— In response to the significant growth in the size of its congregation, Scarborough Chinese Baptist Church (SCBC) constructed an entirely new facility with three main spaces for large church-related events and worship services. Not only has this sanctuary with its asymmetrical style and high ceilings been recognized for its architectural details (it's received a Governor General's Award for Architecture and an Ontario Association of Architects Award for Excellence), but it also offers the latest in digital gear, including a Pro16A® Aviom digital snake that is being used to distribute audio in the three main meeting spaces.
The new facility features a chapel with a seating capacity of 200, a main sanctuary with seating for 1,600, a gym that doubles as a meeting place with seating for 600 along with several classrooms and office spaces. A main goal set by the church was to make the systems in the facility completely digital so that they can be integrated for operations, administration, and/or maintenance. These systems include audio, video, data, telephones, PA, security video, HVAC controls and wireless data.
According to Christian Bechard, CTS-D, the Senior AV Multimedia Designer for Novita, the systems designer for the church, it was important to select equipment that would be adaptable to all of these meeting spaces while also staying within the church's guidelines to be completely digital. "We had seen a demo of the Pro16 equipment for another church project we were working on and were impressed with its monitoring capabilities," says Bechard. "The church has three main spaces that require sound reinforcement–the main sanctuary, the chapel, and the gym–that have to share the same audio equipment. The Aviom Pro16 digital snake provides the flexibility to easily change and adapt the audio setup to each meeting space."
"The Aviom digital snake was a cost-effective solution for the church in that it runs on Cat-6 cable and therefore did not require a lot of conduits to be laid during the construction process," explains David VanVeldhuisen, CTS, project manager for Westbury National Show Systems which handled the installation of AV equipment at SCBC. "It also eliminated the need for costly copper cable runs, which helped the church get the high-quality audio it was looking for while staying within its budget."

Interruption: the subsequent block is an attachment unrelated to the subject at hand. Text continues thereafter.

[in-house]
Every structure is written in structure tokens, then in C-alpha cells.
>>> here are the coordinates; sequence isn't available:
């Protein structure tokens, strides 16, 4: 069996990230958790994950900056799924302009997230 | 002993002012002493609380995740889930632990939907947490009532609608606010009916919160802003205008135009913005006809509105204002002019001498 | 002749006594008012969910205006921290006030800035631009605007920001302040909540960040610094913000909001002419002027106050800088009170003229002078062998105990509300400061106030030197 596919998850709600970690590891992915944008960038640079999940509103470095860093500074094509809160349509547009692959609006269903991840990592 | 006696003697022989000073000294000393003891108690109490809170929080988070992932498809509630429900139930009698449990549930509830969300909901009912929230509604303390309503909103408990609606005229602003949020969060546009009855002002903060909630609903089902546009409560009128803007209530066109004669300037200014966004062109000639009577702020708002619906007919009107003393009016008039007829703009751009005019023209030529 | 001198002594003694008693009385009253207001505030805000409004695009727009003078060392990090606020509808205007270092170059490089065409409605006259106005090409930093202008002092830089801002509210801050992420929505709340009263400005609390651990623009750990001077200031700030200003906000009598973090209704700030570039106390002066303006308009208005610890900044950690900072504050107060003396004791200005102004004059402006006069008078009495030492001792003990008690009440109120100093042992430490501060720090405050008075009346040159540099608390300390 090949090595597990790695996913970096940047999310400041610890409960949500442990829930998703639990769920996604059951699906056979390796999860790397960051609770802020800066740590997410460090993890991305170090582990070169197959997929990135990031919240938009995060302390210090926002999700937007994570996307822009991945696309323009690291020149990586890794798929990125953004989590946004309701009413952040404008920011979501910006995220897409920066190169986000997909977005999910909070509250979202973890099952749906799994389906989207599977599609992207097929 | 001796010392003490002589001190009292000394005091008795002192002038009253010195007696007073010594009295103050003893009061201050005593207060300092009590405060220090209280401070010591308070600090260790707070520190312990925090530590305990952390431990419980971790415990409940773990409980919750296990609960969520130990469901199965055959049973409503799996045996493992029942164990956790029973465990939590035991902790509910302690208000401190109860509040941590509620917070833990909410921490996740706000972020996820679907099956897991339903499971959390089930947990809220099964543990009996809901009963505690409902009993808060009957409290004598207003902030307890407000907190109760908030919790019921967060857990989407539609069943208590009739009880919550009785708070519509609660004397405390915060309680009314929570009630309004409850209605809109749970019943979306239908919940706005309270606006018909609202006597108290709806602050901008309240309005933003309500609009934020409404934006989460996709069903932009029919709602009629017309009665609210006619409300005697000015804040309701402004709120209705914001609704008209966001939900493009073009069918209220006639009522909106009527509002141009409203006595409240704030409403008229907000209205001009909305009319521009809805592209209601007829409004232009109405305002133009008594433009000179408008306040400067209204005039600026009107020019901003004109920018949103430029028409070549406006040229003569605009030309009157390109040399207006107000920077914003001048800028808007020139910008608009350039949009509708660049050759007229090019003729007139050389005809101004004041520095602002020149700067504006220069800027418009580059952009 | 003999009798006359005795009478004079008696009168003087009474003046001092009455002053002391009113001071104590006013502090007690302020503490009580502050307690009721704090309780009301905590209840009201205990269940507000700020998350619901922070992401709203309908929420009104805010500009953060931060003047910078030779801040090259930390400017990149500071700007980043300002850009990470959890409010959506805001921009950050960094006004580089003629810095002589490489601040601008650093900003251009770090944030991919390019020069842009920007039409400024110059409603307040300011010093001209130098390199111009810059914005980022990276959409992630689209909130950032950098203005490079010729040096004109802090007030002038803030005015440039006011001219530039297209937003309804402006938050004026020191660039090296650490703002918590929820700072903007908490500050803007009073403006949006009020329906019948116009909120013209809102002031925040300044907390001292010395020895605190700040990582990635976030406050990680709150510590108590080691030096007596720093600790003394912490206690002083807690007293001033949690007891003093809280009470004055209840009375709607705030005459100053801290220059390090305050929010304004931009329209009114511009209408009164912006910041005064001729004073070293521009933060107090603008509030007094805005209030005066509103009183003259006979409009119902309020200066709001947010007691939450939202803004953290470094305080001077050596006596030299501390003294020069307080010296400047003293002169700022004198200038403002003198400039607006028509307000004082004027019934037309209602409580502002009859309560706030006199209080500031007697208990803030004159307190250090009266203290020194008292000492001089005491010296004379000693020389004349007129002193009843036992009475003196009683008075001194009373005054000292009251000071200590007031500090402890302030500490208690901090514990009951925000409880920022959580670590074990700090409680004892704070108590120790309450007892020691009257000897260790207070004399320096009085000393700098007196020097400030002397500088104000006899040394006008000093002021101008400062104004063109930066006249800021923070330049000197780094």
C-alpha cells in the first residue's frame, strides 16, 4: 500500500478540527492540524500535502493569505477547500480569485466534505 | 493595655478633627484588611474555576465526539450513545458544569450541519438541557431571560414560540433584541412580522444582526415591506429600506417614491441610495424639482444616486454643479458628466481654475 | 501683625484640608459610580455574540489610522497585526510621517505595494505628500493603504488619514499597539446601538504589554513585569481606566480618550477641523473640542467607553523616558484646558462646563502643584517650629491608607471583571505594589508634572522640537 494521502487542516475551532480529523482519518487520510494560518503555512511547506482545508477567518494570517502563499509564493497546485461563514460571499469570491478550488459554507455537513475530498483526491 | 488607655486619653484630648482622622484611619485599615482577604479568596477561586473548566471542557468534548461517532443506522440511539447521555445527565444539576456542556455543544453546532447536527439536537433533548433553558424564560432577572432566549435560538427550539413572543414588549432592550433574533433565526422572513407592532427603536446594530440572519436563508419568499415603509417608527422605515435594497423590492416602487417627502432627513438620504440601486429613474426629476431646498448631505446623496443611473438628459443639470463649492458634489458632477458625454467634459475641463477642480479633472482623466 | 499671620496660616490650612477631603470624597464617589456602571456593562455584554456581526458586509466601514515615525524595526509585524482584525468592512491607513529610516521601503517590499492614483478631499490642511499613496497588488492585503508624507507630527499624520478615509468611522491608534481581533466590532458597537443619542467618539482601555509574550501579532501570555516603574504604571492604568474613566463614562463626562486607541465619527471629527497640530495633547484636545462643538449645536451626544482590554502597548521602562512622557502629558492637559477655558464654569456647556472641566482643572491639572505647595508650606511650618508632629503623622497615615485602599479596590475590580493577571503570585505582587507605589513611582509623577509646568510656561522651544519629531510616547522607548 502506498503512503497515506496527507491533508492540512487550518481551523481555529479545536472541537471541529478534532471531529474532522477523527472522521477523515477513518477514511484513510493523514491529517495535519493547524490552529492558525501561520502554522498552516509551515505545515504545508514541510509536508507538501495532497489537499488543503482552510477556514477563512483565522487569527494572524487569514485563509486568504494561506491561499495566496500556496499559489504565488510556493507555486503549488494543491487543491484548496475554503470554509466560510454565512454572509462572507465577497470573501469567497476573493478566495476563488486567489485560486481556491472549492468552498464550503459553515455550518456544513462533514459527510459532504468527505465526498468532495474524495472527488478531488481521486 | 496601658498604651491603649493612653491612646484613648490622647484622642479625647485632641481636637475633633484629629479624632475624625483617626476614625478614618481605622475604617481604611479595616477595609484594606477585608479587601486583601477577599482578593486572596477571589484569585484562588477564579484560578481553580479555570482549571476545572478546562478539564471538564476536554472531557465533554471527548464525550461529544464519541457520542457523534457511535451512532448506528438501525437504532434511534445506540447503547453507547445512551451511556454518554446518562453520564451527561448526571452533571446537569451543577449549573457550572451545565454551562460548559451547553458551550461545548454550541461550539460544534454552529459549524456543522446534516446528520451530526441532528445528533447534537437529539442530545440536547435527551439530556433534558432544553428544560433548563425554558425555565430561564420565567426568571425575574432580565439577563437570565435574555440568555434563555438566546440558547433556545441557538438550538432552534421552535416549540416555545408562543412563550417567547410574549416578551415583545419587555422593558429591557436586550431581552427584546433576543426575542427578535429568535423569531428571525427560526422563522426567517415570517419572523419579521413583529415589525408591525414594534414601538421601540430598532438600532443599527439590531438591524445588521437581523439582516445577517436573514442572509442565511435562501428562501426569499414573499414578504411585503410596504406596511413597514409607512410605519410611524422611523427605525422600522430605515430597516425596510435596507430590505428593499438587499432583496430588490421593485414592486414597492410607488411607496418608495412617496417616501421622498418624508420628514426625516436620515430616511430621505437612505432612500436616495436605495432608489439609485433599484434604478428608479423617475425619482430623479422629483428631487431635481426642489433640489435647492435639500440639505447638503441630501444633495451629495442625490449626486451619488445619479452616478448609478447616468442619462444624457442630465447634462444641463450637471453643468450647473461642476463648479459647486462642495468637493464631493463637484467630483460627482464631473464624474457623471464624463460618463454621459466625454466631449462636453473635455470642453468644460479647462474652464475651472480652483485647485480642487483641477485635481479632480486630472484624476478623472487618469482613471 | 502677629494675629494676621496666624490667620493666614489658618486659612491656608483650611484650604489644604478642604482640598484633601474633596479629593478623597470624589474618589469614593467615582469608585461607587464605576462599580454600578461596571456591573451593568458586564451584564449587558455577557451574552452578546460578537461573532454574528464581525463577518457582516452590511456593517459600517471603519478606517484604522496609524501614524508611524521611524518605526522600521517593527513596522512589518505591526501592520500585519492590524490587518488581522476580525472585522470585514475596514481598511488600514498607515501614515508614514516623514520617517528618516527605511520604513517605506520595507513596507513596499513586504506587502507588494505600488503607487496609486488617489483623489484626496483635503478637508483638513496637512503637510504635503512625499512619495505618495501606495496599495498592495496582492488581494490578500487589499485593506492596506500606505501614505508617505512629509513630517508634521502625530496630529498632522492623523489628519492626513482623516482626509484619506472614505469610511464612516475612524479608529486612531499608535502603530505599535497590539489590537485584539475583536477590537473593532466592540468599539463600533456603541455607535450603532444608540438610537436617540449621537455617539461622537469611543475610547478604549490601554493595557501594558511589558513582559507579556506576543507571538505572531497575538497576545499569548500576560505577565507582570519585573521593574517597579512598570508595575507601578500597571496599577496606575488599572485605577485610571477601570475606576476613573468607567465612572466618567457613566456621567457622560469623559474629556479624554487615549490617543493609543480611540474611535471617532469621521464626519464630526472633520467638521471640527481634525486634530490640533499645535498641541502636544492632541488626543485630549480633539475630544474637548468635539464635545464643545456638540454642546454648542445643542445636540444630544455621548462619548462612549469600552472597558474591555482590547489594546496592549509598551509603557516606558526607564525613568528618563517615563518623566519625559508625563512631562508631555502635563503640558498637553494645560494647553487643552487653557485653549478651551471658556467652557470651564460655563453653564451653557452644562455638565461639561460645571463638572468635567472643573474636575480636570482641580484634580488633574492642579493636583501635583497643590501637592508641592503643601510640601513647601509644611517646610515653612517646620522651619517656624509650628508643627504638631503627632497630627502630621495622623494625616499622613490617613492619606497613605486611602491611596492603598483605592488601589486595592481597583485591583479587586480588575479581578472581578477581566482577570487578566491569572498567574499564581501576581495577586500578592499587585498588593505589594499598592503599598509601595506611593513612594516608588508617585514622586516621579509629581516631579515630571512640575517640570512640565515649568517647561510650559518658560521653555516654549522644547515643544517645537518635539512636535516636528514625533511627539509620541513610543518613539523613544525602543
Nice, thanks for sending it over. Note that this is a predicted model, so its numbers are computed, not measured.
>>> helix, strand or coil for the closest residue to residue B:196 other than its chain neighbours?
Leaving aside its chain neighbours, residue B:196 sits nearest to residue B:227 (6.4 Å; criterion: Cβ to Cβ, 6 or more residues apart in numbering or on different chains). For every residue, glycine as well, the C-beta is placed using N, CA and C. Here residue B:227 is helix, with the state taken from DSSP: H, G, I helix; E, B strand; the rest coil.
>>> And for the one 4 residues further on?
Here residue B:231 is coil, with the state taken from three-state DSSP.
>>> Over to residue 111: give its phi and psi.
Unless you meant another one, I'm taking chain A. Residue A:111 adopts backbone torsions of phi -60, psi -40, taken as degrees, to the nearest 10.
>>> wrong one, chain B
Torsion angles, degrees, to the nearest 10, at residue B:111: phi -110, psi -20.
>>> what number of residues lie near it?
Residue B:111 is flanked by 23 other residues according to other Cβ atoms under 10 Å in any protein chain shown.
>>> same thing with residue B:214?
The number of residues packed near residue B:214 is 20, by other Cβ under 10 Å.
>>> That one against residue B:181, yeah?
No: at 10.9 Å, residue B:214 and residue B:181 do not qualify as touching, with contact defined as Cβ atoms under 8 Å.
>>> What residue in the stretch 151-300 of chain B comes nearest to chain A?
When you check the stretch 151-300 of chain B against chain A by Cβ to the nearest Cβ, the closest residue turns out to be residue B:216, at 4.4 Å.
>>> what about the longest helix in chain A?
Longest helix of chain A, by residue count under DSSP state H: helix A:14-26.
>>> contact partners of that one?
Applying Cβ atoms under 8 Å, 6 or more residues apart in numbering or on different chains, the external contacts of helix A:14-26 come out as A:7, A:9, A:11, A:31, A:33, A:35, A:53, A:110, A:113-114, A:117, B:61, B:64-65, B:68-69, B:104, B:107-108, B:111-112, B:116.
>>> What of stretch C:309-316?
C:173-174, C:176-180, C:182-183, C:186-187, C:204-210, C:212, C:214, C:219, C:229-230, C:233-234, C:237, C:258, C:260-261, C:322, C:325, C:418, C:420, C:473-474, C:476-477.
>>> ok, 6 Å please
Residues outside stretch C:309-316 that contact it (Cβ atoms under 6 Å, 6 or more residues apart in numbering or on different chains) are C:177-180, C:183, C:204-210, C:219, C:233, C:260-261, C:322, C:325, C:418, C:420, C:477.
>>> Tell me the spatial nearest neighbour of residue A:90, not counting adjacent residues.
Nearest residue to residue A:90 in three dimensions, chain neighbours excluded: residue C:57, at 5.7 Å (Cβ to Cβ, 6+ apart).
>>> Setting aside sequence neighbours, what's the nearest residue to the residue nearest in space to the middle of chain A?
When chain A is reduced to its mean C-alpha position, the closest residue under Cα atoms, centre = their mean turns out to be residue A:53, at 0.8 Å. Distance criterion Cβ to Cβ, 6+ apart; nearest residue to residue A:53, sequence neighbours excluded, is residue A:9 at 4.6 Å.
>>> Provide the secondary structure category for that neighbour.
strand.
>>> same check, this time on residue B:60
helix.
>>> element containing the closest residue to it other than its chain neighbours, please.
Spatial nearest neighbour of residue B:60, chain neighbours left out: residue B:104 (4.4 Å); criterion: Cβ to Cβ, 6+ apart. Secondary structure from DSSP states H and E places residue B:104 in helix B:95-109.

The Aviom digital snake is being used to send the microphone and line inputs from the stage to the church's YamahaA® LS9-32, 32-channel digital mixing console. Two AN-16/i-M Mic Input Modules on stage send 32 channels to the Yamaha console at front of house over A-NetA®, Aviom's state-of-the-art digital audio transport protocol. An Aviom16/o-Y1 A-Net Card installed in the LS9 console sends the main feeds and monitor mixes from the console to the DSP at the stage. The Pro16 product line offers a modular approach to building digital snakes without complicated computer programming, so the components in SCBC’s main sanctuary can be combined with other Aviom modules that the church owns to create different setups for different events. Using the AN-16SBR System Bridge, the system can support up to 64 channels on a Cat-6 cable and provides unlimited lossless digital splits.
In addition to this flexibility and to eliminating the need to run conduit for copper cables in the concrete, SCBC's decision to use a digital snake for audio distribution is also helping to keep electromagnetic interference (EMI) out of the equation. "Our sanctuary's acoustics were designed and treated professionally to be on the same caliber as a concert hall, so we needed to keep the noise generated by the audio system to a minimum," explains James Chan, technical director and systems architect for SCBC. "Minimizing potential EMI issues was at the top of my list during the AV design. Since the floor is concrete, if we had to reroute conduits after building construction due to EMI problems, it would have been an expensive undertaking. With a digital snake, it is immune to EMI"
The Aviom Pro16 digital system also ensures that SCBC is prepared for any future expansions of its AV offerings. "During our building construction, we did not know how many mic input channels we were going to need now and in the future," Chan continues. "Going the analog route would have meant pulling a lot of cables which we may not use for a while or at all. With the Aviom digital snake, all we need is one Cat-6 cable and we've got all the expandability we need for the foreseeable future."